Flash Fiction: for writers, readers, editors, publishers, & fans


Thursday Flash: Jess Bouchard Reviews Carol Guess’s TINDERBOX LAWN

In order to read Car­ol Guess’s prose poet­ry col­lec­tion “Tin­der­box Lawn,” I had to sit with each piece indi­vid­u­al­ly, read­ing with care, nur­tur­ing each word. There isn’t a sto­ry that deserves a one-time read or a lazy glance. Her lyri­cal sen­tences and provoca­tive imagery explore life with an inten­si­ty that leaves the read­er just as vul­ner­a­ble and exposed. Themes of iden­ti­ty, sex­u­al­i­ty, and gen­der pulse on each page—her words breathe. In this book, you’ll be pulled deeply into your­self and want­i­ng to stay in this place.


Wednesday Flash Therapy: What Do You Find (within) When You Write?

I recent­ly asked an illus­tri­ous group of writ­ers, “What do you find with­in your­self when you write? Is it some­thing that you find at oth­er times?—or is it some­thing that you find only through writ­ing?” Because I don’t have per­mis­sion to write their answers here, I’ll talk instead about what arose in me read­ing their answers, that sense of com­mu­ni­ty, the feel­ing that I’ve found my peo­ple. It might be too much to say that I wept read­ing what they con­front­ed & expe­ri­enced when writ­ing, but I felt that build­ing of pres­sure behind the eyes that my ther­a­pist tells me is what oth­er peo­ple call “emo­tion,” but I have no word for. 


Tuesday Focus on Flash: Todd B Stevens Reviews Matt Bell’s HOW THE BROKEN LEADS THE BLIND

Matt Bell’s How the Bro­ken Lead the Blind seems decep­tive­ly sim­ple at first, con­sist­ing of 55 pages, with only ten sto­ries, of length rang­ing from a sparse page and a quar­ter to near­ly sev­en pages in length. The ten sto­ries, though, are care­ful­ly arranged, their tra­jec­to­ries minute­ly adjust­ed and sent to spin and crash togeth­er with a pre­ci­sion that would seem cold if it didn’t have beneath it a true con­cern for the human con­di­tion.


Monday Guest Flash Blogger: Anne Willkomm Reviews Sherrie Flick’s I CALL THIS FLIRTING

Sher­rie Flick’s I Call This Flirt­ing, a 46-page chap­book of flash fic­tion , is an inti­mate col­lec­tion detail­ing grief, aban­don­ment, mem­o­ry, love, and long­ing. She chose to con­struct her sto­ries in pre­dom­i­nate­ly very close first per­son, often the “I” speak­ing direct­ly to “you” the read­er. This close per­spec­tive will pull you into the fic­tion­al worlds Flick has cre­at­ed, and it speaks to the book’s title. And while I enjoyed many of the sto­ries in this col­lec­tion, it is the inti­mate voice found in Flick’s writ­ing that I found most appeal­ing.


Monday Guest Flash Blogger: John C. Mannone Answers “What is Flash Fiction?

Below is John C. Mannone’s answer to a pre­vi­ous ques­tion and answer about the def­i­n­i­tion of flash fic­tion. ? Of course, this is all my opin­ion, so I am going to dis­pense with those qual­i­fy­ing words IMHO. An opin­ion is an opin­ion. It is nei­ther hum­ble nor is it wrong (though it can be mis­guid­ed; […]


Saturday Flash Interviews: Check Out Jim Harrington’s Six Questions for…

In response to a post on my per­son­al blog, a read­er sug­gest­ed I pub­lish a series of inter­views in which edi­tors ‘list, in excru­ci­at­ing details, all that each edi­tor desires in his/her sto­ries.’ Wow. What a great idea. Not only does this pro­vide authors with spe­cif­ic infor­ma­tion about what edi­tors are look­ing for in the sub­mis­sions they receive, it offers edi­tors a venue for adver­tis­ing their pub­li­ca­tions and get­ting the word out about what, in their opin­ion, con­sti­tutes “good writ­ing.” If you: 1. have a ques­tion or com­ment, 2. would like to sug­gest a pub­li­ca­tion, agent, or pub­lish­er for me to con­tact, or 3. are an edi­tor, pub­lish­er, or agent and would like to par­tic­i­pate in this project, please con­tact me.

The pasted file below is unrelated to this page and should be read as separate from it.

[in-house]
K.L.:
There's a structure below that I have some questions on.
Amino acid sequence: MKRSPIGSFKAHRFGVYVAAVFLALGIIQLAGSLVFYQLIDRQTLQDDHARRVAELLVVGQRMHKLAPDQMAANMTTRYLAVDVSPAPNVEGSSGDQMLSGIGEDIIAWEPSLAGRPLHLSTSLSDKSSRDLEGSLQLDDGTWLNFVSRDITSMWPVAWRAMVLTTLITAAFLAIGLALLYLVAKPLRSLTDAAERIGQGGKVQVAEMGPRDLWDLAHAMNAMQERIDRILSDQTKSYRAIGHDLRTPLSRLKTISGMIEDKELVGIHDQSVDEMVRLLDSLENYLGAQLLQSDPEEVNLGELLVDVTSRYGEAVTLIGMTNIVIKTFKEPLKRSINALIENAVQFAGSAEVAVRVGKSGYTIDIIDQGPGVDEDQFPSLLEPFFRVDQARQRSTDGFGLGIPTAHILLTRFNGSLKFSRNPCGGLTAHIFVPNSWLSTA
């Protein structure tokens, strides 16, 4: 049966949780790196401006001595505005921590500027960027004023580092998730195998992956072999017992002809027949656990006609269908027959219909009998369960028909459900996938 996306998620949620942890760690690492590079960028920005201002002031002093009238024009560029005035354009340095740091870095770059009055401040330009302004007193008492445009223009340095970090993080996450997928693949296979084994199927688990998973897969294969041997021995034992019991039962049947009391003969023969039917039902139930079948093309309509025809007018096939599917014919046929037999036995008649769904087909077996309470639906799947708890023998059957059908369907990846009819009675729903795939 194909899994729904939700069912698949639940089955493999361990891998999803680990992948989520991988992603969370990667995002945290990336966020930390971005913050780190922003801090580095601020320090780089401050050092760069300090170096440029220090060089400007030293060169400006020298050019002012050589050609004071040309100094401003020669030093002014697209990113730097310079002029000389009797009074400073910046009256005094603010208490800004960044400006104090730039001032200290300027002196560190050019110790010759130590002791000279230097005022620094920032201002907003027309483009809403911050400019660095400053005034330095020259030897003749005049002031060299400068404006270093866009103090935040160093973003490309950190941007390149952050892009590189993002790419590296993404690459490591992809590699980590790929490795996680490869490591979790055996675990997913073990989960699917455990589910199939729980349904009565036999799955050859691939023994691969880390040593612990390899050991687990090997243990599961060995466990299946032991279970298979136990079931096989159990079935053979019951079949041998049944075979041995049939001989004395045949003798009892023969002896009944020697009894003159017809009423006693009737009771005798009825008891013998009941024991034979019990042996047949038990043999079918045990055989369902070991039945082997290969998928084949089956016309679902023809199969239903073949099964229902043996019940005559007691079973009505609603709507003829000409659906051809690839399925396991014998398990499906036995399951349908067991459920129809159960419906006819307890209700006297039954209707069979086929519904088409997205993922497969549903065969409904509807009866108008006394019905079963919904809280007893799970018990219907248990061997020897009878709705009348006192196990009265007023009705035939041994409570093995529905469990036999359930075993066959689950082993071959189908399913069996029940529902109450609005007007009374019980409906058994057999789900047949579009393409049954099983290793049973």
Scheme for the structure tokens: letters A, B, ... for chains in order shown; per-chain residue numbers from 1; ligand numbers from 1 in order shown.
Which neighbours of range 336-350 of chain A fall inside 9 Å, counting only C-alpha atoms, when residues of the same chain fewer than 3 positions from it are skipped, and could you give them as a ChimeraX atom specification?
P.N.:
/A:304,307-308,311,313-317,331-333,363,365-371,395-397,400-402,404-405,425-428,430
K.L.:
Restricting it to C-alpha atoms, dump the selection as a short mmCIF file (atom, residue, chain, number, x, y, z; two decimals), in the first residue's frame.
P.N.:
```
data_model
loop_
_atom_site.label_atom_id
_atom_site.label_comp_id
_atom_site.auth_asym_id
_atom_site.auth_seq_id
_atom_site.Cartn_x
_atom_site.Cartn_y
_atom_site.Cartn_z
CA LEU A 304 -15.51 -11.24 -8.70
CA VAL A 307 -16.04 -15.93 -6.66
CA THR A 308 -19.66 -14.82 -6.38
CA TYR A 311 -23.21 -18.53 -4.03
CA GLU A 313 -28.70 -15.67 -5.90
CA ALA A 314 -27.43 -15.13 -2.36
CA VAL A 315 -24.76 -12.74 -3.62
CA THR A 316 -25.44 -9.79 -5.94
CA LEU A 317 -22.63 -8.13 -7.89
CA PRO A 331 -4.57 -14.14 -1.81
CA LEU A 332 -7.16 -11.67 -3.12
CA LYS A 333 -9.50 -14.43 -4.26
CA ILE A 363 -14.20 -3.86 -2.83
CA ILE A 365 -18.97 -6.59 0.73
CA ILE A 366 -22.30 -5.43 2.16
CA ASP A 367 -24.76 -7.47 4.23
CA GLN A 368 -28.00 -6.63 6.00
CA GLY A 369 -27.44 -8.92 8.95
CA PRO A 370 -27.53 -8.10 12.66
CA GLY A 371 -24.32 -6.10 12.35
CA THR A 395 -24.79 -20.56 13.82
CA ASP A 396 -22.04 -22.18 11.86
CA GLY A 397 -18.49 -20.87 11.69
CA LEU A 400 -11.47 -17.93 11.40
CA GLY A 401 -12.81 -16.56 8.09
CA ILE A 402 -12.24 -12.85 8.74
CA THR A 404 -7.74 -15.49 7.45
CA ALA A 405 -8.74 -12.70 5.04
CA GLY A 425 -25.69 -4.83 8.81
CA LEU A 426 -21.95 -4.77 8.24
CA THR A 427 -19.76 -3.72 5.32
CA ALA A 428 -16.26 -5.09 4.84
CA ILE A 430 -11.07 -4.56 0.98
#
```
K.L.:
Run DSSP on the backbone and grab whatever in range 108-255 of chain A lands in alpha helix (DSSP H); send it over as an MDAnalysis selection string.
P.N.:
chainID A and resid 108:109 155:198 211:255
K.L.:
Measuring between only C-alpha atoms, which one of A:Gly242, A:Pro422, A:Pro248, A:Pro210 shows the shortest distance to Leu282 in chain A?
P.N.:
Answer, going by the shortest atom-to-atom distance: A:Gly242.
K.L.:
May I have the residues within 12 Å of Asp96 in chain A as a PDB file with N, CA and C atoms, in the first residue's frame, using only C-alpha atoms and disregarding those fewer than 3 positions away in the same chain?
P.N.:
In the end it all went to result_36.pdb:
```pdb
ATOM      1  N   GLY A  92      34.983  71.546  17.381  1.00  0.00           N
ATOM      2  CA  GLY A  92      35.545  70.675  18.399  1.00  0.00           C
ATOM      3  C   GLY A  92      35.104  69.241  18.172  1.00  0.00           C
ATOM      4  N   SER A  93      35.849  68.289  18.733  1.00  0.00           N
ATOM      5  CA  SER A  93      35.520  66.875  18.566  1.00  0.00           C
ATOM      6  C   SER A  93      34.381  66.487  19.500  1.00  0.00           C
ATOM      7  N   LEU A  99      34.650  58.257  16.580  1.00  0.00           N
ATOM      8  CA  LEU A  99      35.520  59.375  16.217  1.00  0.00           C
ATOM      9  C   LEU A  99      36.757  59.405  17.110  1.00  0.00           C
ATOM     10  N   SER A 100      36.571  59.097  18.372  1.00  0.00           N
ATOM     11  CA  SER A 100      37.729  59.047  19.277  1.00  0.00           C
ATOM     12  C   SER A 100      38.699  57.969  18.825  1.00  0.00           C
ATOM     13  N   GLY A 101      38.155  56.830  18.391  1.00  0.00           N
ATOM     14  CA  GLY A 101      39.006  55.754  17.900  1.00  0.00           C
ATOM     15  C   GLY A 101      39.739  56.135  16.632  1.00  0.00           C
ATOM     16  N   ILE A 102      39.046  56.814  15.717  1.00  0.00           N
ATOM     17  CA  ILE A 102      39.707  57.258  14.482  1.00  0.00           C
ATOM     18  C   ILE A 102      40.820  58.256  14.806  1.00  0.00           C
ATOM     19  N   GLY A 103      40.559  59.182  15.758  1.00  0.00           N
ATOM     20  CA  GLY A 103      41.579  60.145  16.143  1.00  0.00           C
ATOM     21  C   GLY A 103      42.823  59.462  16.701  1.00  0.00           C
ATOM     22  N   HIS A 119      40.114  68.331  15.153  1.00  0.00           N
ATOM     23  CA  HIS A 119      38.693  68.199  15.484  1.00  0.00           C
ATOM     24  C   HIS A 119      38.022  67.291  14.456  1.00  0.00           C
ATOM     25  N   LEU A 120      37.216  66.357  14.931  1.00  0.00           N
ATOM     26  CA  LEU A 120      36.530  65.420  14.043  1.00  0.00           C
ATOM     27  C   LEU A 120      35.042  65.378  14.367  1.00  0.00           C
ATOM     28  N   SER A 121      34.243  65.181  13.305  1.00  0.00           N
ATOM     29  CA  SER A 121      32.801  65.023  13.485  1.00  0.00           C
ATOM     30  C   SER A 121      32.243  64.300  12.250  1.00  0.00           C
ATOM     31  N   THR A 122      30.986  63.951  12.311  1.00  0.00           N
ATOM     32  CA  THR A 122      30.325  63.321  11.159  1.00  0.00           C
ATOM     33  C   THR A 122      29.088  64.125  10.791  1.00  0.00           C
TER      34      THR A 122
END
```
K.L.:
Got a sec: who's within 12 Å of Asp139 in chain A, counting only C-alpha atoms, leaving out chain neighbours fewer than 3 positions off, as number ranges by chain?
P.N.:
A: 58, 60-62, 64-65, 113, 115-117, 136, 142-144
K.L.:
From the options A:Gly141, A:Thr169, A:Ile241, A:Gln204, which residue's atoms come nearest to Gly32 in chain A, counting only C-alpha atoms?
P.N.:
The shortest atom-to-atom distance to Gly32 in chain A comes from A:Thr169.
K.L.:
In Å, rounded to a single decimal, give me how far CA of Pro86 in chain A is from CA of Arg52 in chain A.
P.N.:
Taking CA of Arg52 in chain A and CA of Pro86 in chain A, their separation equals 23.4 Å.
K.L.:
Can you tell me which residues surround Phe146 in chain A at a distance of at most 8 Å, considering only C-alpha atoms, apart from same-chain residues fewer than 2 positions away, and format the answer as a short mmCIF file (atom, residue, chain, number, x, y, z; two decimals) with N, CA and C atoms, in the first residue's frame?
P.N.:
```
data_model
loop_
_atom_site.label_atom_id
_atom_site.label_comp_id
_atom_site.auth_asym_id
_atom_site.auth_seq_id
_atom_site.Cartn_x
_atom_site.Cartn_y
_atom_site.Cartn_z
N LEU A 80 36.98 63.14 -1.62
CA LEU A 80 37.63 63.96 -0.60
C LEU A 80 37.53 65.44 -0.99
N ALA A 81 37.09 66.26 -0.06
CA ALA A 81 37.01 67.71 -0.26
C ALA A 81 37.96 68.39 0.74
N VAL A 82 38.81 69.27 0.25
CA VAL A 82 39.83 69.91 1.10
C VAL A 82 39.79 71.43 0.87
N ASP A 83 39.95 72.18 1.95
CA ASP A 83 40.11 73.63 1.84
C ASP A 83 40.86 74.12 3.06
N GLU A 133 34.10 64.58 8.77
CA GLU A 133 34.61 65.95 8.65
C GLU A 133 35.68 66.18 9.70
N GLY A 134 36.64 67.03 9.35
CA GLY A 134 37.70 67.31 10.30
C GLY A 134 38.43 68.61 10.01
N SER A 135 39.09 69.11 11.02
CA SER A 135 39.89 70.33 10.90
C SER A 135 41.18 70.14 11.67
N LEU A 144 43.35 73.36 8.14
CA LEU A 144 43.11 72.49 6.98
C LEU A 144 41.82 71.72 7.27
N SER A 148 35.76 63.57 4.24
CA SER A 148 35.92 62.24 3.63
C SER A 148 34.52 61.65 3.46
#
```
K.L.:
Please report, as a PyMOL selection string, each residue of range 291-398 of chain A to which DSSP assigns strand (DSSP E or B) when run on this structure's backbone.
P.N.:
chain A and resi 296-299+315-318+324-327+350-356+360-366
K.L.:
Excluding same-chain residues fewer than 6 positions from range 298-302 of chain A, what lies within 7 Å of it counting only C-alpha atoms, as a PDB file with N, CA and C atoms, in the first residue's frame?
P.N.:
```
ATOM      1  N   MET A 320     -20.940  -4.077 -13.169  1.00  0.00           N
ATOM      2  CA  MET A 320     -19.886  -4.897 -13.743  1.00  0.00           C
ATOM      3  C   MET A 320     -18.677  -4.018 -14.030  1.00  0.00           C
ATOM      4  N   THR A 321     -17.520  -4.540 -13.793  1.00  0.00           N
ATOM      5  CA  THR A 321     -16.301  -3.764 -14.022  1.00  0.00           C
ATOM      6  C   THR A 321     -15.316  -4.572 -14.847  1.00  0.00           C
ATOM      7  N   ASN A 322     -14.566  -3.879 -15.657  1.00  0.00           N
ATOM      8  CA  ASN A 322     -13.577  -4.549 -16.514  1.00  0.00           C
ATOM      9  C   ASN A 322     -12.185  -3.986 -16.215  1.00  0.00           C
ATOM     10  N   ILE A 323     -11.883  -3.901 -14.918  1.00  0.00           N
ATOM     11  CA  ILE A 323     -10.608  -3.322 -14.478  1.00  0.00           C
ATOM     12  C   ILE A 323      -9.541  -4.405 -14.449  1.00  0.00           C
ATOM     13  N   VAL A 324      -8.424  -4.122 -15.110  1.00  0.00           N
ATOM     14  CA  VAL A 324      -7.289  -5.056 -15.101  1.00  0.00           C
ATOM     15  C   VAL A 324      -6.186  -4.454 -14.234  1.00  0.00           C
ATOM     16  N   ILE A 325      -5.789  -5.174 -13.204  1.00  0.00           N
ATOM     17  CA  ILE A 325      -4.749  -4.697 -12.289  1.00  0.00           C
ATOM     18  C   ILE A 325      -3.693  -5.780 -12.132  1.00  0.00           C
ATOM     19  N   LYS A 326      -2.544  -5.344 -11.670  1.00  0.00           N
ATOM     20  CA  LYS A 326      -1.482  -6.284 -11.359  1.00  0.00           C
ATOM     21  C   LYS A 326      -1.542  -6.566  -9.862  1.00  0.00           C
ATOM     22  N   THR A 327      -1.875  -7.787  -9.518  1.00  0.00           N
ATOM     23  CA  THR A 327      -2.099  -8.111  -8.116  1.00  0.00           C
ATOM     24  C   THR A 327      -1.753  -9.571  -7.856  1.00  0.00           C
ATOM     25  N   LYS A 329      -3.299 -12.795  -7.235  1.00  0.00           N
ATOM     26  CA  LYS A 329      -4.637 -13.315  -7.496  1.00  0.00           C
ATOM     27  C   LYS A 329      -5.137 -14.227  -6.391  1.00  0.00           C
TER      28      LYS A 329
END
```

Friday Flash Prompt: Use Four Or More Elements

I’ve recent­ly been read­ing Roy Peter Clark’s Writ­ing Tools: 50 Essen­tial Strate­gies for Every Writer. Tool 20 asks writ­ers to “choose the num­ber of ele­ments with a pur­pose in mind.” 


Thursday Flash Craft: Making the Machinery of Compression Work for Short Short Fiction (Part I)

Recent­ly, in a guest blog at Ethel Rohan’s Straight From The Heart In My Hip (which for some rea­son my serv­er won’t let me link to), I talked about flash as a machine of com­pres­sion, an idea I got after read­ing Dou­glas Glover’s essay on nov­el struc­ture, in which he refers to the nov­el as “a machine of desire.” For me, here are ways that flash machin­ery might work. 


Wednesday Flash: Deborah Walker Answers the Question “What is Flash Fiction?

As a fol­low-up to Shaula Evans’s ask­ing “What is flash fic­tion?” Deb­o­rah Walk­er pro­vides an answer: I write the short-sto­ry kind of flash, but after read­ing some of the con­test sto­ries I’d like to attempt the vignette type. ? But what I try with all my sto­ries, no mat­ter what length, is to get the […]


Tuesday Focus on Flash: Shaula Evans Asks “What is Flash Fiction?”

The writer Shaula Evans recent­ly began a dis­cus­sion on flash fic­tion in her Zoetrope Vir­tu­al Writer’s Stu­dio room it takes a vil­lage to raise a writer. Here’s how she began that dis­cus­sion: I’ve been read­ing up on flash fic­tion over the hol­i­days. There seems to be zero con­sen­sus about what flash is. Cool! That’s excit­ing! […]